STILL-LIFE painting has a long tradition. Groupings of small household or workshop objects, fruit, and plants can be found in the art of most ancient or distant cultures. Although of only minor pictorial importance, they indicate that artists of all ages have been drawn to the depiction of familiar but otherwise unimportant material things.
The closer we come to our own century, however, the more prominent and independent still-life painting becomes. Early 15th- and 16th-century Flemish and German artists often included exquisite renderings of fruit and flowers or arrangements of household utensils in their religious or allegorical works. The 17th-century Dutch went one step further and painted pictures entirely filled with good things to look at or to eat. And within a century after that, still-life painting in Europe had become a recognized and very separate form of art.
During those years, such artists as Memling, Holbein, Durer, Vermeer, and Chardin paid particular attention to the depiction of inanimate objects. Chardin , in fact, was one of the first to bring nobility to what had been considered a lesser art form.
It wasn't until Cezanne gave still-life painting his full attention, however, that it really began to play a dominant role in art. Thanks to him, carefully composed pictures of apples, onions, crockery, tablecloths, and bottles moved center-stage alongside figure compositions, landscapes, and portraits. And what Cezanne had dignified, the Cubists pushed even further to produce strangely disjointed but oddly effective two-dimensional versions of what they had grouped together on a tabletop or assembled on a chair.
Still life, in short, had come of age. Its impersonal nature and the fact that the artist could arrange whatever objects he or she wanted to include at leisure made it a convenient mode for those who followed modernism's precepts that a picture's subject was of less importance than the careful orchestration of its parts. For painters interested primarily in how and not in what they painted, a selection of easy-to-move-about utensils, vegetables, glasses, and fruit was as good a subject as any other.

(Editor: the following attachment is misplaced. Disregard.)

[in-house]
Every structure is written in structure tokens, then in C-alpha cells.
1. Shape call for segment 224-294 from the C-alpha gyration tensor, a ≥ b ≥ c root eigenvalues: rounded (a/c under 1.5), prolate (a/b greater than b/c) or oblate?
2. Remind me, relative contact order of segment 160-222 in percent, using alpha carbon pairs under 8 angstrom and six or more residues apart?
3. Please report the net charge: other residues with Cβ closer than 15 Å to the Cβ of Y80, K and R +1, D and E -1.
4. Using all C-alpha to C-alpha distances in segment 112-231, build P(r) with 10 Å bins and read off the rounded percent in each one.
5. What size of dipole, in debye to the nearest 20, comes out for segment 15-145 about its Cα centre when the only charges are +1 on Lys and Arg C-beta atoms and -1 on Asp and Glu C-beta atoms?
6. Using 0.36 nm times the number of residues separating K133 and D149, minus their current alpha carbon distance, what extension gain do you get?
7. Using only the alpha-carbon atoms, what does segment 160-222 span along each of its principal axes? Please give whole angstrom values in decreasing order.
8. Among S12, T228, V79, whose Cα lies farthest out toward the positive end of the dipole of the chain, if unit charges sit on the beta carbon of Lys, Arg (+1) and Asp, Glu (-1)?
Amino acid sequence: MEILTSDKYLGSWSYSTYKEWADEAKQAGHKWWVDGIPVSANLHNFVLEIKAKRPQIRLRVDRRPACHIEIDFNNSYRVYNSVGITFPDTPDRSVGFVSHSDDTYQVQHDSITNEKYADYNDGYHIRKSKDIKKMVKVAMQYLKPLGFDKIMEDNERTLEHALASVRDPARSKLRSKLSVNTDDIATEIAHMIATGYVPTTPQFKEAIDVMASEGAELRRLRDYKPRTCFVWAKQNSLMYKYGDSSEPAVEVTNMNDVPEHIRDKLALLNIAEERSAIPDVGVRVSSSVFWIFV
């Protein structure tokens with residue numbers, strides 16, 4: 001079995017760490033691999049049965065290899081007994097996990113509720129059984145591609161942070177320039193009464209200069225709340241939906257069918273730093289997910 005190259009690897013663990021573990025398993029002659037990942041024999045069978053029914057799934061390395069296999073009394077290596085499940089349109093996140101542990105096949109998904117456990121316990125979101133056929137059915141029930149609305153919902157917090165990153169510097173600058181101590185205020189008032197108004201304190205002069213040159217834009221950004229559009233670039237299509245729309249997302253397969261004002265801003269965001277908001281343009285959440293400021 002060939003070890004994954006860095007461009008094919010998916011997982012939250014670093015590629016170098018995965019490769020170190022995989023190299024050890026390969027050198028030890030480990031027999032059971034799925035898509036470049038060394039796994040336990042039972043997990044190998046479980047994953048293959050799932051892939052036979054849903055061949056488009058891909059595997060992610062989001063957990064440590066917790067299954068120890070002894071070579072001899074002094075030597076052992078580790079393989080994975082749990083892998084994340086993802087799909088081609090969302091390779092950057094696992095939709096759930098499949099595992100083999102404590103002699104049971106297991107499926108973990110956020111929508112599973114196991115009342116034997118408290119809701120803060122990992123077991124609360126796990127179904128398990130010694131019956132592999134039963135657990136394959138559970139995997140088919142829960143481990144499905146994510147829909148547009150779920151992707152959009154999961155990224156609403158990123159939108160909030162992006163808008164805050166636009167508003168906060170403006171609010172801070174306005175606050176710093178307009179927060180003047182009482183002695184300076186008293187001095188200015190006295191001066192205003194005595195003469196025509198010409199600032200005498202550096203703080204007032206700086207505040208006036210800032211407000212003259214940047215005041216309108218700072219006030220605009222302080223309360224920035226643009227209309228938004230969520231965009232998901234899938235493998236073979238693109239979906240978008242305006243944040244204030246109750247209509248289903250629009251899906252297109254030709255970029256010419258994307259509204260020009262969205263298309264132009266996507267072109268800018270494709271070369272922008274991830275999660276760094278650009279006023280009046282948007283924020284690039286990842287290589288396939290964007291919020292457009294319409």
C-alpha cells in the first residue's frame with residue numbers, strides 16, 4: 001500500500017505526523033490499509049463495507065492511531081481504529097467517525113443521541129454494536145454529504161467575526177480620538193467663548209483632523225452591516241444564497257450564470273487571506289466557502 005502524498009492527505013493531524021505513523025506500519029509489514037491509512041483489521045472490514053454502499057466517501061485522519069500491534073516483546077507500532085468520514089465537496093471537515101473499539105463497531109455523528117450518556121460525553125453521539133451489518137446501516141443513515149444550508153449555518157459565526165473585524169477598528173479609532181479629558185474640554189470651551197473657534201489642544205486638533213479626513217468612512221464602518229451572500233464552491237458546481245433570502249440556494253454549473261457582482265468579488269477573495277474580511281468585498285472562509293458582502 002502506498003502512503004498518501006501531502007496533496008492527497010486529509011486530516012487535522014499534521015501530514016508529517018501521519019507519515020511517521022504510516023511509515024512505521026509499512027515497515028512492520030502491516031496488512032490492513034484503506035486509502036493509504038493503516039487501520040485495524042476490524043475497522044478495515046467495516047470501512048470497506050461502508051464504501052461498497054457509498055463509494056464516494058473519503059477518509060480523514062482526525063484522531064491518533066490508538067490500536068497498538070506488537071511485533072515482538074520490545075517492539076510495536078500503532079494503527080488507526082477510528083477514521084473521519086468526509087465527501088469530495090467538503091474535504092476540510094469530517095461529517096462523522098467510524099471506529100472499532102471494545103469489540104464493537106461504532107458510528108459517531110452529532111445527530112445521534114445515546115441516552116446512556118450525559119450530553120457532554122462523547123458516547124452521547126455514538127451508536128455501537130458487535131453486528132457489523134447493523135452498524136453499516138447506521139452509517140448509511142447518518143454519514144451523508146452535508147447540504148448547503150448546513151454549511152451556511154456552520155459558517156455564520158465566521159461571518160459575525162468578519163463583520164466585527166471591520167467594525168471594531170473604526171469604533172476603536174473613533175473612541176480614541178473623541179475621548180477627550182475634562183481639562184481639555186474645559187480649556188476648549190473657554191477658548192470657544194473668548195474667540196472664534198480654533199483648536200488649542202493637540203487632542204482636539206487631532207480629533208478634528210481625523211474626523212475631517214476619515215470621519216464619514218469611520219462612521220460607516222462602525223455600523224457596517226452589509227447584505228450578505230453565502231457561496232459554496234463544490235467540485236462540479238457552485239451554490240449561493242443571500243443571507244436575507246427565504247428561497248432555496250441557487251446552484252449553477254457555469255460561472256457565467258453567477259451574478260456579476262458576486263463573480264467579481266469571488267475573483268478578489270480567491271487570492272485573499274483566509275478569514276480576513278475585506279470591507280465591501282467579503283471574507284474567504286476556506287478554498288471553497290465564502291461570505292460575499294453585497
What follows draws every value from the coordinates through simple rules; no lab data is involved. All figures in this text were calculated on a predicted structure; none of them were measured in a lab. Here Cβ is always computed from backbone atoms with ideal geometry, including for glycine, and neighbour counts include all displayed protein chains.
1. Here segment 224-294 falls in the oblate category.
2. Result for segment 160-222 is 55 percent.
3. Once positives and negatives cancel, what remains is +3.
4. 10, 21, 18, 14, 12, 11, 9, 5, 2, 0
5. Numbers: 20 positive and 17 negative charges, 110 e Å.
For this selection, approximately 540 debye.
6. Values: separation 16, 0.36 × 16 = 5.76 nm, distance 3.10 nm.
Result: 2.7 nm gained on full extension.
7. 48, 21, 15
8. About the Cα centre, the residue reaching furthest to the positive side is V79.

The 20th century, as a result, has produced large numbers of still lifes representing the full range of modernism's formal values and ideals. It has also given us a handful that reflect few of those ideals and that stand independently as rare pictorial statements for their time and place.
The names of Giorgio Morandi, Ivan Albright, Charles Demuth, and Charles Sheeler spring to mind here, as do those of Graham Sutherland and Jane Frielicher. Each of these artists has made a significant contribution to still-life painting, and most have done so with very little reference to the art of the past. Morandi's subtly painted canvases, in particular, stand apart from similar work done either in this or in earlier centuries. And Albright's idiosyncratic and richly detailed paintings, which utilize inanimate objects to evoke allegorical allusions, have hardly any precedent in the history of art.
To date, the '80s have seen very little work in this genre. That should not be surprising, however, considering how obsessively today's painting concerns itself with subjective experience and provocative imagery. Compared with the depiction of primal forces and primeval events in styles that are both passionate and improvisational, the careful and precise delineation of fruit and other objects on a table is just too dull - or worse still, too ''objective'' an experience.
It is all the more interesting, therefore, to note the kinds of still lifes that are being produced today. In addition to the usual number of straight renderings intended to demonstrate the artist's skill at making pictures ''true to life'' and studies focusing primarily on structure and form, there have been only a few paintings that reflect a genuine concern for both the tradition and the challenges of this form of art.
Don Gray's ''Red Snapper, Cezanne and Van Gogh'' is one of these. It is very large, boldly and sumptuously painted, and it commands the viewer's attention in an altogether forthright manner. It is also carefully and shrewdly composed, and it takes full advantage of each object's shape, volume, texture, and color to build a thoroughly monumental image in the grand tradition of still-life painting.
This is the kind of picture earlier artists produced to establish their right to be called ''master.'' It is a diploma piece that proves this painter's worth, and that pays tribute to two past masters of still life, Cezanne and Van Gogh, whose paintings can be seen in the open book at the center of the composition.
It is also a statement directed at today's art world and its foibles and trivialities by a man who is not only a painter but a writer, an art critic, and a producer of a television program on art as well. As such, it has a point to make about artistic quality, integrity, and truth, and it makes it directly and well - by example rather than by painterly polemics or exhortation.